(1750) which portrayed the wealthy couple showing off their wealth. It reminds me of the boastful elements of social media. The next portrait was John Singleton Copley’s Portrait of Sam Adams (1772). This shows Adams slightly disheveled, holding a petition and demanding change. His head is oddly sized to his body and its hardly a flattering portrait. The image captures the high point of his activism rather than his physical prowess and wealth.
A major technological development is the camera. Now that mechanical reproduction was possible the question of what could be done in art was open for experimentation. From this point we see the development of different styles from the expressionism of Edvard Munch’s The Scream (1893), to the dadism of Marcel Duchamp’s Fountain, Jackson Pollock’s abstract expressionism, and the pop art of Andy Warhol.
These forms of art are often criticized for being simple and hardly worthy of the praise and attention they receive. The goal was to explain the ways in which we have moved from the dominant explanations of the world and begun to accept that multiple models of explanations that overlap and co-exist. The earlier forms of art are representations of a single idea and people. Later art has nothing so simple models of explanation but they are there to be interpreted and can offer different answers to different people. It was a fun exercise.
In particular asking the students whether something was art or not. Along with these famous images I also showed them an image of the joke that some people played when they put a pair of glasses on the floor in a gallery and people began taking photos of them.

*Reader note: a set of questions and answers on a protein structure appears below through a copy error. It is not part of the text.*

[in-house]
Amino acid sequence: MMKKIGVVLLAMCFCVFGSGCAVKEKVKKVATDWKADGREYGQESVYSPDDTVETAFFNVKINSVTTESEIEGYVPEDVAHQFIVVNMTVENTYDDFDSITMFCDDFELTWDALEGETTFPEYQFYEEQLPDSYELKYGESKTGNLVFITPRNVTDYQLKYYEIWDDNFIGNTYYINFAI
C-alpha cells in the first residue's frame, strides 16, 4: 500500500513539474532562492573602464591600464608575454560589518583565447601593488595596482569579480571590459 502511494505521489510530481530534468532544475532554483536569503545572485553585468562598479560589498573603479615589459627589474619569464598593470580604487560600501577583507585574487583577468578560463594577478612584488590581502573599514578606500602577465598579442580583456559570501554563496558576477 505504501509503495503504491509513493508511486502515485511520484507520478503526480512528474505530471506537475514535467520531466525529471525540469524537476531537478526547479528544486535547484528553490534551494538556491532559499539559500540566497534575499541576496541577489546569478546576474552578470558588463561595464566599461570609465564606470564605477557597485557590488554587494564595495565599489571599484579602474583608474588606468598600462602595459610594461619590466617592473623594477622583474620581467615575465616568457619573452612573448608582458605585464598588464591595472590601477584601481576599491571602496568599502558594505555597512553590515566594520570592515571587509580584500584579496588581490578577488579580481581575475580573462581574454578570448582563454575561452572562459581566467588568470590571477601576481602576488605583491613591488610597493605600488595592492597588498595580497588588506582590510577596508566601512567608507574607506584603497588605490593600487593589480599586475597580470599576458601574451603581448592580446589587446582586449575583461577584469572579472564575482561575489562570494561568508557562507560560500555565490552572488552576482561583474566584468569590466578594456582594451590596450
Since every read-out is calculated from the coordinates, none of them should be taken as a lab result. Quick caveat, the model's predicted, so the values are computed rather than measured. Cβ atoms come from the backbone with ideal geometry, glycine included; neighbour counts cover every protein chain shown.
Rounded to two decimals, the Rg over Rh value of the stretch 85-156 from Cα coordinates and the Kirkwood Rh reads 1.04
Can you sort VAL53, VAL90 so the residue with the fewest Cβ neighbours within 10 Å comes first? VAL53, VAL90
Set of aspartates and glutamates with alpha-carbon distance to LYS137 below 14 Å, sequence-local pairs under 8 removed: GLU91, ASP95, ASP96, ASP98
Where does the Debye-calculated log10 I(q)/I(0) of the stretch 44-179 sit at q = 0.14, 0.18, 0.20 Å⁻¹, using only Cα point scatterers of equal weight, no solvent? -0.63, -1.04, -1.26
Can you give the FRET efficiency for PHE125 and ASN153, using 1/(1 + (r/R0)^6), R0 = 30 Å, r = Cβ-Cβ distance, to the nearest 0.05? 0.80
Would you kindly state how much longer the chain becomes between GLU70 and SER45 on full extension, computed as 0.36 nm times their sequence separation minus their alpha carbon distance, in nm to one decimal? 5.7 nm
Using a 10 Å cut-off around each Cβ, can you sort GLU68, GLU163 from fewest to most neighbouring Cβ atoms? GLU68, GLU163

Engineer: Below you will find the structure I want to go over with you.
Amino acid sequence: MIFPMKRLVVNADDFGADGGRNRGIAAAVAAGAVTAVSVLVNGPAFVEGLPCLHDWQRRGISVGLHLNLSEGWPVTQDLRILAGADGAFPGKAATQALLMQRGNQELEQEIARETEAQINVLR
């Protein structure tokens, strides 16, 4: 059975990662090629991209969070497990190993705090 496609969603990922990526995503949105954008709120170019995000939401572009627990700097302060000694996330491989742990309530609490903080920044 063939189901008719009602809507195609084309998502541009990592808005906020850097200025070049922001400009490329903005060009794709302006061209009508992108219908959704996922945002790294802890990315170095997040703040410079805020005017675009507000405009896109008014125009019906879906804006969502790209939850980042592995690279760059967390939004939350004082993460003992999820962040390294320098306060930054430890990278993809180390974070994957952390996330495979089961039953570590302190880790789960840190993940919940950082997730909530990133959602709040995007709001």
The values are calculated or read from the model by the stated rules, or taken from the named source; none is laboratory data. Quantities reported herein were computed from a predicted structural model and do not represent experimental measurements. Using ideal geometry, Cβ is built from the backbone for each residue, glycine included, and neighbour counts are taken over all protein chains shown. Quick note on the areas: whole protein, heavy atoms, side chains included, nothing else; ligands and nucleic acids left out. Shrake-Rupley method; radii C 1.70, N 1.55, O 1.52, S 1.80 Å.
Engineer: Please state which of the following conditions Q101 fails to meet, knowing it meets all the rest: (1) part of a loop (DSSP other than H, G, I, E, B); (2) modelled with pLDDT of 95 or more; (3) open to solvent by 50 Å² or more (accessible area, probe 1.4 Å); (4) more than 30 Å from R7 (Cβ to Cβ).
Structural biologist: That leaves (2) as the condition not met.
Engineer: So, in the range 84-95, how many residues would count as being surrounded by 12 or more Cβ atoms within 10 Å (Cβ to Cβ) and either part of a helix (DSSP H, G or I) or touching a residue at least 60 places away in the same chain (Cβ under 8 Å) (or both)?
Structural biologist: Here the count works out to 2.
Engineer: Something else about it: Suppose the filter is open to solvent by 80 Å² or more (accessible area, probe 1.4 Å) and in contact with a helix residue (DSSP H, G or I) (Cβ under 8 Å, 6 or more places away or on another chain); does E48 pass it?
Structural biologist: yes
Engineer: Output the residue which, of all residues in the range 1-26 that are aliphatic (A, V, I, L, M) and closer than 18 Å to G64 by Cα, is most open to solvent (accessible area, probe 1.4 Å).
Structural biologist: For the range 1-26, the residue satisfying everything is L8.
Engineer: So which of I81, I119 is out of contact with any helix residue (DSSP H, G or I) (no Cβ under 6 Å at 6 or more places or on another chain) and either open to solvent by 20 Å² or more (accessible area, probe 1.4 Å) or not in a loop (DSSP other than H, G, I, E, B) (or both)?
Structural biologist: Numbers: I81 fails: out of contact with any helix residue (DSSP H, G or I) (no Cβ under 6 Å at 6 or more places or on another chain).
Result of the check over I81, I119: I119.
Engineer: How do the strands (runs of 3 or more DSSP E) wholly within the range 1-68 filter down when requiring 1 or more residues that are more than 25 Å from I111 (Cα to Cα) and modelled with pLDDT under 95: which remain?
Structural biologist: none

Asking the students if this was art led to an interesting discussion. Could Marcel Duchamp exhibit a urinal and everyone called it art then what was different with the eyeglasses?
The goal was to discuss the world of surveillance without a dominant narrative and how power is redefined. Instead of the (juridical) centralized power we are left to our norms and this comes into a form of control by desire. The desire to belong to, and follow a group of norms. I had the students post questions on the readings in advance. Some of the questions were:
So is Bogard saying that being able to predict the actions of a population is a more effective form of control than making the population think it is constantly being watched?
Do you believe that people want to be ‘private’ in certain aspects of their life because of over-surveillance or has there always been an innate feeling that we are being watched?
Does constant surveillance morph people’s personalities over time?
if simulations are truly a way of surveilling, or something else? Are simulations a violation of privacy if they are not technically real?
With this I moved on to explaining the simulacrum as envisioned by Baudrillard who asserted that,